An simple question to ask is: Is $a_n\neq 0 $ for all sufficiently large $n$? Or are there "gaps", that $a_n = 0$ infinitely often? One would guess it is the former by looking at the plot above, and indeed it is true:

Theorem. The number $128$ is the largest integer that cannot be written as a sum of distinct squares. And a complete list of positive integers $n$ that cannot be written as a sum of distinct squares are: $$2, 3, 6, 7, 8, 11, 12, 15, 18, 19, 22, 23, 24, 27, 28, 31, 32, 33,\\ 43, 44, 47, 48, 60, 67, 72, 76, 92, 96, 108, 112, 128.$$

Proofs and references of this can be found here: https://proofwiki.org/wiki/Numbers_not_Sum_of_Distinct_Squares#:~:text=Then%20k%20can%20be%20expressed,distinct%20squares%20by%20Induction%20Hypothesis and here: Numbers which are not the sum of distinct squares .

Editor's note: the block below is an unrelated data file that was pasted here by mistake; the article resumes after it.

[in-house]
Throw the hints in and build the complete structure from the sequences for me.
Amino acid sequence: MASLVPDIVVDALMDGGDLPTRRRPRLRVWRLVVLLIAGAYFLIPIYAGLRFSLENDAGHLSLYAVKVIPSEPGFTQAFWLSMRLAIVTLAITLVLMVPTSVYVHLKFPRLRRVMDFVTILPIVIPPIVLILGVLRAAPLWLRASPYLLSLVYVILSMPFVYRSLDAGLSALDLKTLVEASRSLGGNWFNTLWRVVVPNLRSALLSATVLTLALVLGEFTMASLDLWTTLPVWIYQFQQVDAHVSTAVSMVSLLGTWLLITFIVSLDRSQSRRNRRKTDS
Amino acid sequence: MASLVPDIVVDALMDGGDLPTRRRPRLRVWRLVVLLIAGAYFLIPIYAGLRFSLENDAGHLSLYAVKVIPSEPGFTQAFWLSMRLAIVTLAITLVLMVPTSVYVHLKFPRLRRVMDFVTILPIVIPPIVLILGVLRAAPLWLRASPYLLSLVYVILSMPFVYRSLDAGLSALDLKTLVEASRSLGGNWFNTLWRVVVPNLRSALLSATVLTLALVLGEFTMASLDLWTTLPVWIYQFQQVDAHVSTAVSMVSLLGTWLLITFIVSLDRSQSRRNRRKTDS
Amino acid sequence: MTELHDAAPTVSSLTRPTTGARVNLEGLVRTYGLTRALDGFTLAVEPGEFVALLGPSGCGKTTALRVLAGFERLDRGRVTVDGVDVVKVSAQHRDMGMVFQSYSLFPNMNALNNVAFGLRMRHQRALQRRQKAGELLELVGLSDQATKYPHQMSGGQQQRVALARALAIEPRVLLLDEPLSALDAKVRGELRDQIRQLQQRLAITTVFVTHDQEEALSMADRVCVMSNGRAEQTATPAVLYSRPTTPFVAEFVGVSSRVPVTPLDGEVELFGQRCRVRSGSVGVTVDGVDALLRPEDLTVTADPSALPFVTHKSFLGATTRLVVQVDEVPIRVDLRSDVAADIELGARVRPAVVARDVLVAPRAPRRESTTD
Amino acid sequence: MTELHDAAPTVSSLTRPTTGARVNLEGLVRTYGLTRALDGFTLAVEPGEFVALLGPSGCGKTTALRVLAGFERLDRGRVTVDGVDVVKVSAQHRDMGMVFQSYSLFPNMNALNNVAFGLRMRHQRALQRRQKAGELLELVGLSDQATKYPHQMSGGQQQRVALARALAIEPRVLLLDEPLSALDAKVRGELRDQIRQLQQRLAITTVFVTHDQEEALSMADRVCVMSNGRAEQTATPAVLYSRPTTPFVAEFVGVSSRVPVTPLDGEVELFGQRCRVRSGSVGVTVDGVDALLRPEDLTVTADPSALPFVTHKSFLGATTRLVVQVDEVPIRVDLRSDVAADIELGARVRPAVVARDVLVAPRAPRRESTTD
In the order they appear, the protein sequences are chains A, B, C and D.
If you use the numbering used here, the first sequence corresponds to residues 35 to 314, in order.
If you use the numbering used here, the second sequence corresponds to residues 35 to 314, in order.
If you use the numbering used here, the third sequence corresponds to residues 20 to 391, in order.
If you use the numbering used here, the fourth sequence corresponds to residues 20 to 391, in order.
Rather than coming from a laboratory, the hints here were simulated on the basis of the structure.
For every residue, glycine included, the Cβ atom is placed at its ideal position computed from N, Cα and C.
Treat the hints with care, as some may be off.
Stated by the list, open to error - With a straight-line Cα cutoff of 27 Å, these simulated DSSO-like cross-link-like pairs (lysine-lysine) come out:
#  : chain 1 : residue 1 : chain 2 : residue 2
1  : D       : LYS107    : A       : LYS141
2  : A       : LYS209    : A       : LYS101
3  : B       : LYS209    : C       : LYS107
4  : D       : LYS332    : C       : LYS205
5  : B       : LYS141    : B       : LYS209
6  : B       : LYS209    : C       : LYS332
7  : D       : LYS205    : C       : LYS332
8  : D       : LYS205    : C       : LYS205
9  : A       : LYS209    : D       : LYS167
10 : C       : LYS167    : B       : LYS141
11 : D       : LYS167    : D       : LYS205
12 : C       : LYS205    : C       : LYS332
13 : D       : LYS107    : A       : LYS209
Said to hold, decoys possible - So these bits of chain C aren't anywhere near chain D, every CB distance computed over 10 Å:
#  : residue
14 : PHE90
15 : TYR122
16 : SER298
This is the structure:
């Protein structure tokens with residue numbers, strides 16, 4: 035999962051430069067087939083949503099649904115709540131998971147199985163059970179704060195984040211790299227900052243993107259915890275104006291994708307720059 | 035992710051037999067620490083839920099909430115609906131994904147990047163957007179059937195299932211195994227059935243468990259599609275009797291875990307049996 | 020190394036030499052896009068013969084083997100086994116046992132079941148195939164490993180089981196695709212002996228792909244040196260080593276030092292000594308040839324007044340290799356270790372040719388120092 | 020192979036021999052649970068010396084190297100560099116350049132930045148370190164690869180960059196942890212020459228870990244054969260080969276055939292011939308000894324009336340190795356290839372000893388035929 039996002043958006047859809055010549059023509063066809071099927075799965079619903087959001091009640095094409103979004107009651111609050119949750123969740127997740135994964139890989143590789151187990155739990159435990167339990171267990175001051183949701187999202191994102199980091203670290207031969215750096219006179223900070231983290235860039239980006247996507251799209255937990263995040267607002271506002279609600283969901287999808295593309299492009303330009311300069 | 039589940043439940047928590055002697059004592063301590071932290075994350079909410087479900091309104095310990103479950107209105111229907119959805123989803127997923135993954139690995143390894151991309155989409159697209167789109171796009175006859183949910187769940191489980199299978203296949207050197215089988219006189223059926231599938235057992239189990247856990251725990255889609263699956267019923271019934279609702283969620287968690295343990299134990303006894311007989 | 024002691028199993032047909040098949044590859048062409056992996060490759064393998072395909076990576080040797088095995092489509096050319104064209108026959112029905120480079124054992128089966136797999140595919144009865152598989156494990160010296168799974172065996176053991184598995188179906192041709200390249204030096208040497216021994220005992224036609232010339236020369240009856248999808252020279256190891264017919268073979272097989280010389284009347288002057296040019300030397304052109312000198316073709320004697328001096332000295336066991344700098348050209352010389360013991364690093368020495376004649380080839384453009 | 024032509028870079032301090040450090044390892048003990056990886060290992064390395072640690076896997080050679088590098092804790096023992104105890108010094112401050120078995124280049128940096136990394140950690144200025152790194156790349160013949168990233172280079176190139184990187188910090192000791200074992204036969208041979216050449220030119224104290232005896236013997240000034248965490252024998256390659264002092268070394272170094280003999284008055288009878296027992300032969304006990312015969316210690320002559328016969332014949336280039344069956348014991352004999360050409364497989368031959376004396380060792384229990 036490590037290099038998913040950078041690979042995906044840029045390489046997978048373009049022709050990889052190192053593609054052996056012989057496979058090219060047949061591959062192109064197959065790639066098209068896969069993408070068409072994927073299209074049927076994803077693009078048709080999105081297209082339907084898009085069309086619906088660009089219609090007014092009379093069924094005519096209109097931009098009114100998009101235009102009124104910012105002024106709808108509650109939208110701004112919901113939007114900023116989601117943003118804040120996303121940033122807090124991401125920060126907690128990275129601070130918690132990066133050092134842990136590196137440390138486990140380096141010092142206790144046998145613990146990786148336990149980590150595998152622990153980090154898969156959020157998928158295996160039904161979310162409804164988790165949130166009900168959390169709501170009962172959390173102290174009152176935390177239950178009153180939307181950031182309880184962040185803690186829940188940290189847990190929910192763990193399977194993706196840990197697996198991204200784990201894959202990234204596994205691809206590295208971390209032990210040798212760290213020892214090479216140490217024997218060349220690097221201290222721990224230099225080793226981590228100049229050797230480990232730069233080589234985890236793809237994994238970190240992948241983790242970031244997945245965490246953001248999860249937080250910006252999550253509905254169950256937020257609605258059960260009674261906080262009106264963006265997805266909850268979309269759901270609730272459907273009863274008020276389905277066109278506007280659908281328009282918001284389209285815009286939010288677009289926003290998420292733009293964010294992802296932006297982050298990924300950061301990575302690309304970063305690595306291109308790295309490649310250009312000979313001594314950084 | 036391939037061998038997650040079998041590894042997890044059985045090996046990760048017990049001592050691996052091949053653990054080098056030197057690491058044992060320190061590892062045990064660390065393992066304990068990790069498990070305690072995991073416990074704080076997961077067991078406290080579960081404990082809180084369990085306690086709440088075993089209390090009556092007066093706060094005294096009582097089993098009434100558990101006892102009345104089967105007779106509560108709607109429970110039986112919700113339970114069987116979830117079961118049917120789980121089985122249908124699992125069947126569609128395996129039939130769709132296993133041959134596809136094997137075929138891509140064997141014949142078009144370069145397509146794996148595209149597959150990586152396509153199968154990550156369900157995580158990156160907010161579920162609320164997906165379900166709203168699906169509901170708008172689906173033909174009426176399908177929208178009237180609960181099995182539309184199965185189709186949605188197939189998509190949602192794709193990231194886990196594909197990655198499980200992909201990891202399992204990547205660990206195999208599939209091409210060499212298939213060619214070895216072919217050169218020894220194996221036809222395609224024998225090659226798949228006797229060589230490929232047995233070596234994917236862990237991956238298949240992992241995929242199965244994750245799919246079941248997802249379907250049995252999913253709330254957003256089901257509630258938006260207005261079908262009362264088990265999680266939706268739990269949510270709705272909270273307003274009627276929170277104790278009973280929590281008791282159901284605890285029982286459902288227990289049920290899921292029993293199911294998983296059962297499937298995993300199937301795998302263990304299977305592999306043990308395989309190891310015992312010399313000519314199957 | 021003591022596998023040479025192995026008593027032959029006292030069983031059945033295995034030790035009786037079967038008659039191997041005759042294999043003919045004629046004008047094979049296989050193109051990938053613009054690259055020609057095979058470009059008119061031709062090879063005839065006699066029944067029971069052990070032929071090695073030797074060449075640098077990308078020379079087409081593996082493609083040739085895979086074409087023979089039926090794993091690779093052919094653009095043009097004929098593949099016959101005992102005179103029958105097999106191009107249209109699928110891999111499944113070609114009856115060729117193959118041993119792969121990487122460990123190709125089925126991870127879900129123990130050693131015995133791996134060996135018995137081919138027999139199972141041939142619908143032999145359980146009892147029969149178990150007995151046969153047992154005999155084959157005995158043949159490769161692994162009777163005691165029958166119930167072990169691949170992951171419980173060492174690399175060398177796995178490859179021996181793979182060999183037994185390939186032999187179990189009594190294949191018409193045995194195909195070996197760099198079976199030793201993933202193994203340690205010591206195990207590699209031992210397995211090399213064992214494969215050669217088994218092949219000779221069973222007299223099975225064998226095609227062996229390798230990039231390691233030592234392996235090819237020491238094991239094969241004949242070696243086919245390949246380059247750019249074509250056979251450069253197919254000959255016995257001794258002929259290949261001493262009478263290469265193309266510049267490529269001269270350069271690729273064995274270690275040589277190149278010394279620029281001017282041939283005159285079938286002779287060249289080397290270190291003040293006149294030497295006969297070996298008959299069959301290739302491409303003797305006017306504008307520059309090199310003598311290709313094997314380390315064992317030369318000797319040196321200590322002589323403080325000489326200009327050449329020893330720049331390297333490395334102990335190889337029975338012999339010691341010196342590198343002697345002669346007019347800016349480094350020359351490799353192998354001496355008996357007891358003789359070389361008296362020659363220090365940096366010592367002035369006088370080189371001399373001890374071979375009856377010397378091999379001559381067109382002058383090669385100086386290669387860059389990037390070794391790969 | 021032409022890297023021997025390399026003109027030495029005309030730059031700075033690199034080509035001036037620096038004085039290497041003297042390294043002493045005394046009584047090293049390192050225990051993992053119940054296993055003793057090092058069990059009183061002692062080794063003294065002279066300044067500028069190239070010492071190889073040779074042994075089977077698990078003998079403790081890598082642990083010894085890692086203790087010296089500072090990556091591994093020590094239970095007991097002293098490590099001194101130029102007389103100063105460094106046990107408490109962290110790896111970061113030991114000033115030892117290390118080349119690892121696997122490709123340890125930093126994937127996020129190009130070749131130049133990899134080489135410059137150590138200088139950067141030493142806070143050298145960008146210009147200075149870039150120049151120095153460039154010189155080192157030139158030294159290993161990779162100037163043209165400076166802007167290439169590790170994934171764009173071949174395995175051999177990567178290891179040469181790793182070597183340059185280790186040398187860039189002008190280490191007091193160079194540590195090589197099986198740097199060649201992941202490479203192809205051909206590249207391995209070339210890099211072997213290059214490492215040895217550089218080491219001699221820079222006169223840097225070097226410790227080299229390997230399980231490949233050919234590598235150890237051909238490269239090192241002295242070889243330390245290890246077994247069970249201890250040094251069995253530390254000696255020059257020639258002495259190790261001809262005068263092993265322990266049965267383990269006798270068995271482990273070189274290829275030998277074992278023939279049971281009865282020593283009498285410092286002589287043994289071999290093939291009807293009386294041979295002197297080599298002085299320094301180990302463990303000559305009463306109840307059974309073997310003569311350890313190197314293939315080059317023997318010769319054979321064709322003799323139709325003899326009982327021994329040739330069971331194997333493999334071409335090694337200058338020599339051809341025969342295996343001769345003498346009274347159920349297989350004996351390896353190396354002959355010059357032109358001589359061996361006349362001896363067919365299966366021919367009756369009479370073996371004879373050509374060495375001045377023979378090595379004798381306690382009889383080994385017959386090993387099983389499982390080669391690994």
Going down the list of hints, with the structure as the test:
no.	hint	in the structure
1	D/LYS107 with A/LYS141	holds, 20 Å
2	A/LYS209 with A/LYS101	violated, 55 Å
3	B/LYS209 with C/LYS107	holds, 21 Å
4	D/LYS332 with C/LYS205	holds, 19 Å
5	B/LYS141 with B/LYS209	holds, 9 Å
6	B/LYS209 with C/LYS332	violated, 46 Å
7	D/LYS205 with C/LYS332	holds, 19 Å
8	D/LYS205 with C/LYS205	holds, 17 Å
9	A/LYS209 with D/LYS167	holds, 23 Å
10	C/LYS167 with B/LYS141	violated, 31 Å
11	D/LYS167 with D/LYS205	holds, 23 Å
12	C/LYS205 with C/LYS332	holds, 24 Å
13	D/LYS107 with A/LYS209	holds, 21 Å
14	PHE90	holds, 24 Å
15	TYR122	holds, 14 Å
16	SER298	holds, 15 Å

Postscript. Even though we didn't get a "formula" as you might traditionally expect, this generating function $A$ encodes all the information of these distinct square decompositions, to which we can extract the appropriate coefficient. In fact, we do have (formally) $$ a_n = \frac{A^{(n)}(0)}{n!}, $$ where $A^{(n)}(0)$ is the $n$-th derivative of $A(q)$ evaluated at $q=0$. In this vein we have to ask, "what is an answer" and "what is formula"...

Update. One can easily fashion this SageMath code to compute $a_n$ (though not the most efficient):

var('q')
n = 1000 # choose your value n to output a_n = number of decomp of n into distinct squares.
N = 1+ceil(sqrt(n))
A = 1
for k in range(1,N):
    A = A*(1+q^(k^2))
A.coefficients(sparse=False)[n]

---
output:
1269

Here $n=1000$, and we get $a_{1000} = 1269$. Also for reference $a_{10000} = 3296089777$ and $a_{128} = 0$. For a more efficient algorithm you can search for subset sum algorithms (say https://stackoverflow.com/questions/18305843/find-all-subsets-that-sum-to-a-particular-value).


Added. SageMath to plot the first few $a_n$ values and its asymptotic estimate:

var('q')